Lack of illustrations is another deficiency. I don’t know whether the print version of Euclid’s Window employs diagrams – it’s hard to imagine a book about geometry that doesn't! - but they’d have been impossible to convey in the audio format anyway. For listeners trying to assimilate unfamiliar concepts, this could be a significant handicap.
While the mathematical explanations in Euclid’s Window are cogent enough, I found the discussions of physics to be less so. Mlodinow introduces the uncertainty principle without describing the matrix mechanics that Heisenberg used to derive it and General Relativity without mentioning its basic language of tensor calculus. String theory is given even shorter shrift. If you’re considering buying the book, be advised: you won’t learn much math or science. It's all window dressing.
On the other hand the history in Euclid’s Window is fascinating. I had no idea, for example, that Riemann’s gifted predecessor, Carl Friedrich Gauss, led such a dreadful childhood. Mlodinow’s description of the role that geometry played in ancient Egypt and other remote civilizations is fascinating too. Since more of the book is devoted to history than to anything else, maybe that's as it should be.
Stylistically the book was not entirely to my taste either. Mlodinow’s humor is often contrived, and his repeated inclusion of his own sons to personalize discussions quickly lost its charm. I have no doubt that Alexei and Nicholai are delightful youngsters, but Alexei’s decision to dye his hair blue before attending school one day, like the other adventures real and imaginary, that Mlodlinow recounts, added little to my understanding or enjoyment. Technically the audiobook reflects Audible.com’s usual high standards. Robert Blumenfeld’s performance is marred by only a couple of mispronunciations and a tone that occasionally seems a bit precious.
As you can see from the content of this review, my specific objections to the book are all minor, perhaps even petty; but at the end of the day, having listened to the entire audio version, I felt basically unsatisfied. Professor Mlodinow has written another popular book about mathematics entitled Drunkard’s Walk, which deals with the role of random processes in the physical world, a topic that interests me a great deal; but, based on my experience with Euclid’s Window, I’m not going to get it. What more can I say?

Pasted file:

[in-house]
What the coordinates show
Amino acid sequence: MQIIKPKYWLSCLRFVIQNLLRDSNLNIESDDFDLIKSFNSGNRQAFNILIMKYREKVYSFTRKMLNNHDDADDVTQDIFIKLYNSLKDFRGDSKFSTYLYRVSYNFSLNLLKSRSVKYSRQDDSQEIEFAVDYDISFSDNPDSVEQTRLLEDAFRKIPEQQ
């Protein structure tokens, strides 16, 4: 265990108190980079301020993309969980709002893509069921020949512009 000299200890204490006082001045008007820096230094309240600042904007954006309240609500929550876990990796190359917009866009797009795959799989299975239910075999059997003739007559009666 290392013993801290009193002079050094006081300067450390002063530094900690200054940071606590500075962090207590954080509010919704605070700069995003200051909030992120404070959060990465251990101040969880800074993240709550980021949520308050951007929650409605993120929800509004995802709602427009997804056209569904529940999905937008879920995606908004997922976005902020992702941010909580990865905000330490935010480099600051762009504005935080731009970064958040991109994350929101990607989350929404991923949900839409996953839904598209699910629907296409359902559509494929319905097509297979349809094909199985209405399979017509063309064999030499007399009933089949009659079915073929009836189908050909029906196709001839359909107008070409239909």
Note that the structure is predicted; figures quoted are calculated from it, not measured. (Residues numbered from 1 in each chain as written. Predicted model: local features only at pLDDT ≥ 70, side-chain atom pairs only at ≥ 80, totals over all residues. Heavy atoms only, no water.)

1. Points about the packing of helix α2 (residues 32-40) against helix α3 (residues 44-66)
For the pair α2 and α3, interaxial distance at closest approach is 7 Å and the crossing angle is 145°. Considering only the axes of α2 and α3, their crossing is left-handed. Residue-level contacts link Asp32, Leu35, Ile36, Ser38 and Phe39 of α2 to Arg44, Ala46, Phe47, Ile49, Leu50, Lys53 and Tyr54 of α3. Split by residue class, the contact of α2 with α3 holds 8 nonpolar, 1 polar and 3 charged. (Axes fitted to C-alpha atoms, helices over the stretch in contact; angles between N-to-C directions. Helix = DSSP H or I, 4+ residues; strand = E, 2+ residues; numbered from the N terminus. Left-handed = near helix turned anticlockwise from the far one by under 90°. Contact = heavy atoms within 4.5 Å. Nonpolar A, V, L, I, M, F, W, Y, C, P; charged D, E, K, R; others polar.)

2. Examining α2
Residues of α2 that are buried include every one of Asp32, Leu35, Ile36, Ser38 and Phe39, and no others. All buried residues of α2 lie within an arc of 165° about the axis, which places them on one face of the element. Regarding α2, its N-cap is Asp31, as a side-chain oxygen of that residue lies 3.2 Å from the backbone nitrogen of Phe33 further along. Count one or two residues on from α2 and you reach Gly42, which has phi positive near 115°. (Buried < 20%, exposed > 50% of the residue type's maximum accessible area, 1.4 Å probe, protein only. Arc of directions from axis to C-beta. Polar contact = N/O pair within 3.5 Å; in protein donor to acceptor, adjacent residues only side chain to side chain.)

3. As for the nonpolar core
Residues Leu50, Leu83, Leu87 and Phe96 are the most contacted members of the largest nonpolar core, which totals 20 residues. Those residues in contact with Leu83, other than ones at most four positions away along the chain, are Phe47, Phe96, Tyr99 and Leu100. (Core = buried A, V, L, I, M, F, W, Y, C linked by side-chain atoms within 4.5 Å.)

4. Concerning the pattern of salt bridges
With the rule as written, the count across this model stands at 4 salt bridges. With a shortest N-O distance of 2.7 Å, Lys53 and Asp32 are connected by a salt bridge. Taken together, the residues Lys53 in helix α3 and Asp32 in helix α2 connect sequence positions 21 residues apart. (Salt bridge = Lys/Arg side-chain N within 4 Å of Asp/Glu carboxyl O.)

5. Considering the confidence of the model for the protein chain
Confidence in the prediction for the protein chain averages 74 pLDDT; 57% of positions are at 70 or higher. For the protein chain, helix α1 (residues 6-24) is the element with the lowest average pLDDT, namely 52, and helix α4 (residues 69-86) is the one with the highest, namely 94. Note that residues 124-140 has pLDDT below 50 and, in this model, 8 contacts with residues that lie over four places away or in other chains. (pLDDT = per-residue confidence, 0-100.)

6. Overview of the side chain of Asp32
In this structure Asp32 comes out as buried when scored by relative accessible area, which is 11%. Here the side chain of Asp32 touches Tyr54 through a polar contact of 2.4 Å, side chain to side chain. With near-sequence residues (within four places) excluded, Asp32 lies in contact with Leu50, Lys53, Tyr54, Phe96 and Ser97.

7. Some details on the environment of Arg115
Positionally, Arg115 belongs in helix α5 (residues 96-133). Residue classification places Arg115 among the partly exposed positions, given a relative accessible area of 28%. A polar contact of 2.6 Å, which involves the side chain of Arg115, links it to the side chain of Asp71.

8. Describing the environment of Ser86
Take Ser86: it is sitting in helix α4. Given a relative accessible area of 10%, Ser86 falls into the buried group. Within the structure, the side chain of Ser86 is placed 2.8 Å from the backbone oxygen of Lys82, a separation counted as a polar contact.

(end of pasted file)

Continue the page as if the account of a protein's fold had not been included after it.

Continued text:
I am a 27 year old nurse pursuing a nurse practitioner degree. My favorite book genres are: fantasy, science fiction, medicine and sociology
I love non fiction and learning about something new. I was very surprised at how clever the writing was in this book. Some one-liners downright had me laughing out loud. At one point, my brother (22 years old and a law student without much math or science in his background) sat through an hour long car ride in which I listened to this audio book, and even from a random point in the book, he found himself exclaiming in surprise at some interesting facts he learned, and laughing at the clever jokes and side comments.
I have to say that I learned something, but furthermore enjoyed learning it. It didn't feel tremendously technical or too plodding and long. It also explores the contributing social circumstances and history of the various mathematicians and scientists mentioned within its pages, which helps create a broad knowledge base on the topics at hand and about the people behind the discoveries as well.
Making Hyperbolic Geometry fun and interesting to the general reader deserves a great review. In the next edition replace "Jesuits" and "Franciscans" with "Benedictines" and give examples of (actual) modern geometrical reasoning in side boxes.
I really love both history and mathematics, so this was the perfect read for me.
In college, I was so focused on problem solving, I wasn't able to step away from the text to really delve into the story behind the Geometry. This read affords me that chance and has me going back to some of my old text and rediscovering what I really love about mathematics.
Very much recommended for anyone who loves history and is fascinated by mathematics ;-)!